Spectrum 729. The memories of a Mandarin

Loading the player...

Tono kōrero mai

E.G. Cousins, aged 97, looks back on his boyhood in China, and in particular, the Boxer Rebellion of 1900.

Cousins was born in Tientsin in 1893, to a family who lived in the largest house in China at the time. He describes his family and recalls, as a child, being smuggled into a banquet where he overheard diplomats discussing missionaries who had been murdered. The Boxers were massing, and after a few weeks of tension, his mother had packed everything, preparing the family to leave.

He watched the troops march into town prepared for war and describes the clothes of different nationalities. His family prepared to evacuated Tientsin; they arrived at the train station where a battle between the Japanese and the Boxers was in progress. When it was over, the family took the last escorted train from Tientsin to the Chinese forts in Taku. The tides delayed their ship leaving so they stayed with other women and children on board. He and his mother sat on deck watching the battle, which lasted all night.

The family sailed to Shanghai to wait, and learned that their father had been shot and wounded. The siege of Tientsin between the Chinese and the Boxers lasted about 6 weeks. After the siege of Peking, the Empress Dowager, who had switched sides during the siege, tried to make amends to Tientsin by offering to make five members of the Municipal Council honorary Mandarins.

Cousins describes a precedent for this honour that was given to ‘Chinese Gordon’ who, 20 years earlier, quelled another rebellion with the Ever Victorious Army. Cousins describes the Empress’ relationship with visiting English ladies and other dignitaries she met with and his own meeting with Viceroy Li Hongzhang who was received by Queen Victoria.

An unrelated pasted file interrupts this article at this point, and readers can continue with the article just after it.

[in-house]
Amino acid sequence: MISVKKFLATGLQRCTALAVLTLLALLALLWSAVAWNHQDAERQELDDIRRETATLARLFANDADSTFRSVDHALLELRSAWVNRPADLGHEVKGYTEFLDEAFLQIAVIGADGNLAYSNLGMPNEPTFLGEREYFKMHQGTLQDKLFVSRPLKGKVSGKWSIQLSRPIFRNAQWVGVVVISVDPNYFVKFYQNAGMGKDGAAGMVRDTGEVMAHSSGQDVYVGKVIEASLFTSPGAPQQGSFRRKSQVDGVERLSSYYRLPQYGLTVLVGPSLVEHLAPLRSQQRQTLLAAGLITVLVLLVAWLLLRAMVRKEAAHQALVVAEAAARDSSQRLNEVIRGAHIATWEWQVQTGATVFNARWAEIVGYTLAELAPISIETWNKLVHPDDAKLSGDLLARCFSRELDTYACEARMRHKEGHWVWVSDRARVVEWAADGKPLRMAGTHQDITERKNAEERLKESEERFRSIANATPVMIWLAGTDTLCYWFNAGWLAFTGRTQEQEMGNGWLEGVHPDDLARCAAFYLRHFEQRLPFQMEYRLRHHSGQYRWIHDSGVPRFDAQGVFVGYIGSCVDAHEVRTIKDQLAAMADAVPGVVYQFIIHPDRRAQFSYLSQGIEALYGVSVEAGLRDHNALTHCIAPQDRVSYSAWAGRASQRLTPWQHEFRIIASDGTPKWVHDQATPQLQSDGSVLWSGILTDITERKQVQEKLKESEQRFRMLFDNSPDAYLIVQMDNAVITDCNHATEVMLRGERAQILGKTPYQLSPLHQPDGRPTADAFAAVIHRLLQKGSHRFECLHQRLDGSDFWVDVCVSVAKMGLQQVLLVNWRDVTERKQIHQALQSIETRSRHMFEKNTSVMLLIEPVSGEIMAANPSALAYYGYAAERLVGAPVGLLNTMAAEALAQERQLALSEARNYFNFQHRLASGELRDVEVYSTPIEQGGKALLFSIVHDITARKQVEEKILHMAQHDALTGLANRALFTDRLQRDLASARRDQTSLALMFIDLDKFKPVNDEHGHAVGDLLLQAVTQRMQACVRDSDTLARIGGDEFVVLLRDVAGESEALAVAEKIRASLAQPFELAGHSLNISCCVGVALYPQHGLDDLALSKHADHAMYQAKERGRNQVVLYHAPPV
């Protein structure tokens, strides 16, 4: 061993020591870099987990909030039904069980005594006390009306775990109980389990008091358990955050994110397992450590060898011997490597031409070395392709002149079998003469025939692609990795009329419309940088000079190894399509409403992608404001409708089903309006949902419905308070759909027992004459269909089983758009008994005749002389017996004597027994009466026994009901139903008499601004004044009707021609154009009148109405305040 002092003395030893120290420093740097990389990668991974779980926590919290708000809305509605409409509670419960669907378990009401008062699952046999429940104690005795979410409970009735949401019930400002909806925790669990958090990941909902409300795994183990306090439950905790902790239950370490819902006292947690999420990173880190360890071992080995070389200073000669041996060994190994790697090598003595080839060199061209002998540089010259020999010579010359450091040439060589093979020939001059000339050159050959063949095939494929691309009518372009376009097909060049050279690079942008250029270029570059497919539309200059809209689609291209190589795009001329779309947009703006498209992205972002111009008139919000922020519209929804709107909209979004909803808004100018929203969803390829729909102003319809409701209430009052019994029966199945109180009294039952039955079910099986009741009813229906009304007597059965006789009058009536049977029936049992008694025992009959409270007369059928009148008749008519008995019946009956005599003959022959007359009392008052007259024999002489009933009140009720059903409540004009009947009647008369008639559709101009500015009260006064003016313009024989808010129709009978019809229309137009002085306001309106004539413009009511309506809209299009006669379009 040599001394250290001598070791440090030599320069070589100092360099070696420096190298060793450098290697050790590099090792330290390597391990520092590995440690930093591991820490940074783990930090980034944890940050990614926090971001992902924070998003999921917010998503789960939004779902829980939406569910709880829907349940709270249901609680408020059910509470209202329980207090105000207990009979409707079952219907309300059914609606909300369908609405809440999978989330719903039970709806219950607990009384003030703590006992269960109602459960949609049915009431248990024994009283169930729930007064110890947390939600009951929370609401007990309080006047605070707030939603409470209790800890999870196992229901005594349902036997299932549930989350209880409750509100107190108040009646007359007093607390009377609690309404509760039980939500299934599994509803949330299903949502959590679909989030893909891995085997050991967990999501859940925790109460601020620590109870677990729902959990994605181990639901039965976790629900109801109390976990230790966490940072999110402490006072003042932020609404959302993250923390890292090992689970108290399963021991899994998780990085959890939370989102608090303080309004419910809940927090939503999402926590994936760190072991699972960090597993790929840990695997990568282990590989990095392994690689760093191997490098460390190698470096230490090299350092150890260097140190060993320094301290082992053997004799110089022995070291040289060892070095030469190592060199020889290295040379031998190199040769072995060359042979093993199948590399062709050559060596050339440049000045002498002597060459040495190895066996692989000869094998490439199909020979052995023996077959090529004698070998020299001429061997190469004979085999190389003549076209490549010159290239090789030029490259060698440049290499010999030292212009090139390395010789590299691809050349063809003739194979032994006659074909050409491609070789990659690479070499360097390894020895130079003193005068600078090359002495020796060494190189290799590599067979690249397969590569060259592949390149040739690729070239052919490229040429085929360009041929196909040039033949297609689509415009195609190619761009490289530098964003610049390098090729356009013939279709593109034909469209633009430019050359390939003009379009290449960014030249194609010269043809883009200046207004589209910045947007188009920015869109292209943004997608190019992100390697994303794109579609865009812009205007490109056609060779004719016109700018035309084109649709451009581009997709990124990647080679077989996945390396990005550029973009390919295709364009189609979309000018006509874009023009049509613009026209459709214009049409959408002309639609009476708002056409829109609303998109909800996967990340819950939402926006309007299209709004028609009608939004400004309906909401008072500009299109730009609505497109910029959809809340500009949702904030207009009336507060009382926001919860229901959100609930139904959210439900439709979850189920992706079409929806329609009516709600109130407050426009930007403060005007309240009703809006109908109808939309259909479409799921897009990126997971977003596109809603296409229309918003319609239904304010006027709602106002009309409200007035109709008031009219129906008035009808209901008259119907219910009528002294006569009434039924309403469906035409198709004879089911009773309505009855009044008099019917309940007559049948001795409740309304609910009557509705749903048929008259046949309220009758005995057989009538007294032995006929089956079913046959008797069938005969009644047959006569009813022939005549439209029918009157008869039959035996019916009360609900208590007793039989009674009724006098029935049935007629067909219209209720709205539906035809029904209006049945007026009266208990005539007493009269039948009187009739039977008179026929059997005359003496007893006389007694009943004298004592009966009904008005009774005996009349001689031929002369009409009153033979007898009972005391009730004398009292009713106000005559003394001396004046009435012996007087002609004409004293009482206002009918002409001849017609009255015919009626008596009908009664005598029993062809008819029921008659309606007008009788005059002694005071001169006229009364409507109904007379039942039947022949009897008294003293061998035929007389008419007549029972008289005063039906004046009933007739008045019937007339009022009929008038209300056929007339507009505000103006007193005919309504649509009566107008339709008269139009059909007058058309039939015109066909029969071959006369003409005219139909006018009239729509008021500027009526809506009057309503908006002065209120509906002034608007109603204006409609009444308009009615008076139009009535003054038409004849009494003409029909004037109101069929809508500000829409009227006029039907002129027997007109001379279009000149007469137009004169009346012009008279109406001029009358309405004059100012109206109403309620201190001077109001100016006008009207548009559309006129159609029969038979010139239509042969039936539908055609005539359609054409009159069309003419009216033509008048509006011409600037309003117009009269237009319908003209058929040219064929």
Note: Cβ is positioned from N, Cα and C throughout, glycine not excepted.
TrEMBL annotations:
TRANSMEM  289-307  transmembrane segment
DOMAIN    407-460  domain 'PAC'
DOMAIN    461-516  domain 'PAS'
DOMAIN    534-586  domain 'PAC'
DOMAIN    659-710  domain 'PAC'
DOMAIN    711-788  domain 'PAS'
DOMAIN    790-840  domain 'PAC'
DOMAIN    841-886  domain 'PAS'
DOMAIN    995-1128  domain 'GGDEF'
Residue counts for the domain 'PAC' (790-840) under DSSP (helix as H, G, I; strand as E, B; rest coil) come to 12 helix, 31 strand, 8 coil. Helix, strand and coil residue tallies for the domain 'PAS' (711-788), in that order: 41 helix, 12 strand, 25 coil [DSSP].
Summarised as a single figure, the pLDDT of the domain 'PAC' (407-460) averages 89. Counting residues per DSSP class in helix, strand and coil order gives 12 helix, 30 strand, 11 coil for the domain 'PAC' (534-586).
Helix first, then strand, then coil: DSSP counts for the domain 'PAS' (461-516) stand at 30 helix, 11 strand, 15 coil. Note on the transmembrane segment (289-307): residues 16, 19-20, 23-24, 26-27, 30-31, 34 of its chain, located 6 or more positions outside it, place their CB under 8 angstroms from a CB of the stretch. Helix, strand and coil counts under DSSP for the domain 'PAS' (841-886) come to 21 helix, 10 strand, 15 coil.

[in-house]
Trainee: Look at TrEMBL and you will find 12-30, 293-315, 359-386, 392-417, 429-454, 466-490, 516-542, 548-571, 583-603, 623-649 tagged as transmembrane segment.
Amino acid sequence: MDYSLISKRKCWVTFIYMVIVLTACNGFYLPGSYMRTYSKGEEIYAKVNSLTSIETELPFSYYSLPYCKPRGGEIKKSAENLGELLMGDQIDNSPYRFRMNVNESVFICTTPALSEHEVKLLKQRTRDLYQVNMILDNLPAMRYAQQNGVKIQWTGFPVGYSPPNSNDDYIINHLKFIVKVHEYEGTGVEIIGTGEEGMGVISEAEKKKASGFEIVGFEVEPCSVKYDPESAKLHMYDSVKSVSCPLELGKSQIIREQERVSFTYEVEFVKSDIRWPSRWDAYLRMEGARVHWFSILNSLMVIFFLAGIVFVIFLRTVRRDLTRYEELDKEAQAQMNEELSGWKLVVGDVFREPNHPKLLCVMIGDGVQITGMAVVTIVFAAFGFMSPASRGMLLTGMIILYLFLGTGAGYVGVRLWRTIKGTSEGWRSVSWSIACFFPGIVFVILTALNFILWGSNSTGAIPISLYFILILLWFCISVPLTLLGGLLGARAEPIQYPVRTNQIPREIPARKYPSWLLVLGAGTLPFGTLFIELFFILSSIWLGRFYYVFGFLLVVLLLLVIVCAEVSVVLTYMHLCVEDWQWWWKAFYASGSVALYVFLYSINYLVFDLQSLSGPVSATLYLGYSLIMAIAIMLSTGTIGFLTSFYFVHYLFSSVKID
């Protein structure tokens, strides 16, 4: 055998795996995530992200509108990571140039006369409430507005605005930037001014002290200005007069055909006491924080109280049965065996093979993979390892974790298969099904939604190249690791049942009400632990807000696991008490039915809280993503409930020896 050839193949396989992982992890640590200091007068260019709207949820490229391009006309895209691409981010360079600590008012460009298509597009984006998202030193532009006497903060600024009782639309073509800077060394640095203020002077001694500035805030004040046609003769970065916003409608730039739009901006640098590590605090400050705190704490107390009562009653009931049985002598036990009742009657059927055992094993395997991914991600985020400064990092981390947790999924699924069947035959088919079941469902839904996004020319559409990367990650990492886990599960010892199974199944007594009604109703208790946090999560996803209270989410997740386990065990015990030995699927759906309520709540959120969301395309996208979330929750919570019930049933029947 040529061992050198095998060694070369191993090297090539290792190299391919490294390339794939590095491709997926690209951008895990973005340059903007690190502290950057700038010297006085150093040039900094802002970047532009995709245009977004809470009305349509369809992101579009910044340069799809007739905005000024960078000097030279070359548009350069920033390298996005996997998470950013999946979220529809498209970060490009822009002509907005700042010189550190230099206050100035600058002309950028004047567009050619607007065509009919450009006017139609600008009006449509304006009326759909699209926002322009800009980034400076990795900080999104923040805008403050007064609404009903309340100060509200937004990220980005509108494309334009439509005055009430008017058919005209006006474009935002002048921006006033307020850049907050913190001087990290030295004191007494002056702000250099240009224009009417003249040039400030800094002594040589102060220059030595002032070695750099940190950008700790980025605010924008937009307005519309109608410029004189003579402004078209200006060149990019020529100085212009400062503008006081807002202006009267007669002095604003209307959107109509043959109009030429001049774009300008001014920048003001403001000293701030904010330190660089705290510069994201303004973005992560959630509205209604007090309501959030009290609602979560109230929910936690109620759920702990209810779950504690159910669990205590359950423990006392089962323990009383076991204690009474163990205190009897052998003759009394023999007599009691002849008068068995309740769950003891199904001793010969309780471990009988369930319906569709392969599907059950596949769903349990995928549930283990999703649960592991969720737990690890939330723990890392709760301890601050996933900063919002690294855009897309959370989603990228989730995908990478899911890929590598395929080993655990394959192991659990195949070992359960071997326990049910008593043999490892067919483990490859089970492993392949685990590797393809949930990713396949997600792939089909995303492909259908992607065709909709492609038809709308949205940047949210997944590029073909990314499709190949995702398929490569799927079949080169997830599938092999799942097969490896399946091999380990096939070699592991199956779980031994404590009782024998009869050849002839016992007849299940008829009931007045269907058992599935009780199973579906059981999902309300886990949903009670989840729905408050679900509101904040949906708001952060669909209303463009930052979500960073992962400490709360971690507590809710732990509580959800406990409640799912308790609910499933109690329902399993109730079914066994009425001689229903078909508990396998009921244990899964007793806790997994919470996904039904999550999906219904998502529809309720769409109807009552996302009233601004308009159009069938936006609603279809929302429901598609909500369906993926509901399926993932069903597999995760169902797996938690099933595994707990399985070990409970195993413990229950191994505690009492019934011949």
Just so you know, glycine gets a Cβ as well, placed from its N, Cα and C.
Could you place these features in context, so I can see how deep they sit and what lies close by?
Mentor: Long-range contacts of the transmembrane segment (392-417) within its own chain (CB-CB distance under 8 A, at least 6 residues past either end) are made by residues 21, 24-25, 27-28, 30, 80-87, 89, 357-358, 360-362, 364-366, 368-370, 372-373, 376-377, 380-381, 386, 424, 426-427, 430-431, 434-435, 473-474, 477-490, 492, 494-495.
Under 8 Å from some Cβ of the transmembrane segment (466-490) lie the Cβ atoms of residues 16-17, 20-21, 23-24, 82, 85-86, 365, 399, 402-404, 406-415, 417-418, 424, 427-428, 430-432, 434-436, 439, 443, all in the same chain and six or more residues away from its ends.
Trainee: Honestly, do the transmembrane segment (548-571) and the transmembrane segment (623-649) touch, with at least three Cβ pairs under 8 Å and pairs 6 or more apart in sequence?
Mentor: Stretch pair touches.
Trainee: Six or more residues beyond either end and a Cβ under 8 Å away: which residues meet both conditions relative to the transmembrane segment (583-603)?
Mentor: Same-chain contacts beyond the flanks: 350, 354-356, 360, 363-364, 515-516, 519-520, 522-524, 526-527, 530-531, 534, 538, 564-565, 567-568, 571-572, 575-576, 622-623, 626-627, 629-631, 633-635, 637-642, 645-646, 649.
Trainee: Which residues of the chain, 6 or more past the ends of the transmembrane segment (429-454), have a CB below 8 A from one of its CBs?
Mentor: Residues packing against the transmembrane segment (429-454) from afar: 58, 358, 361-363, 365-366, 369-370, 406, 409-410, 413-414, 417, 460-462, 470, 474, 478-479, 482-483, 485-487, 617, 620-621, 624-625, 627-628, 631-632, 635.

Cousins' family moved to England and never returned to China. In 1912 the rank of Mandarin was abolished. Everyone who had received the title was informed that their position was no longer valid. However, Cousins’ father was in London at the time and was overlooked, thereby effectively retaining his title of Mandarin in name alone. His great-grandson is next in line to inherit the title. He can’t wait.

Favourite item:

Request information

Year 1991

Reference number 15296

Media type AUDIO

Collection Sound Collection

Credits RNZ Collection
COUSINS, E. G., Speaker/Kaikōrero
Owen, Alwyn (b.1926), Producer
Radio New Zealand (estab. 1989), Broadcaster

Duration 00:24:52

Date 28 Jul 1991

We use cookies to help us understand how you use our site, and make your experience better. To find out more read our privacy policy.

Whakamahia ai mātou ngā pihikete ki te rapu māramatanga ki te āhua o tō whakamahi i tēnei paetukutuku, ki te whakapai hoki i tō whai wāhi mai. Ki te rapu kōrero anō pānuitia te kaupapahere tūmataiti.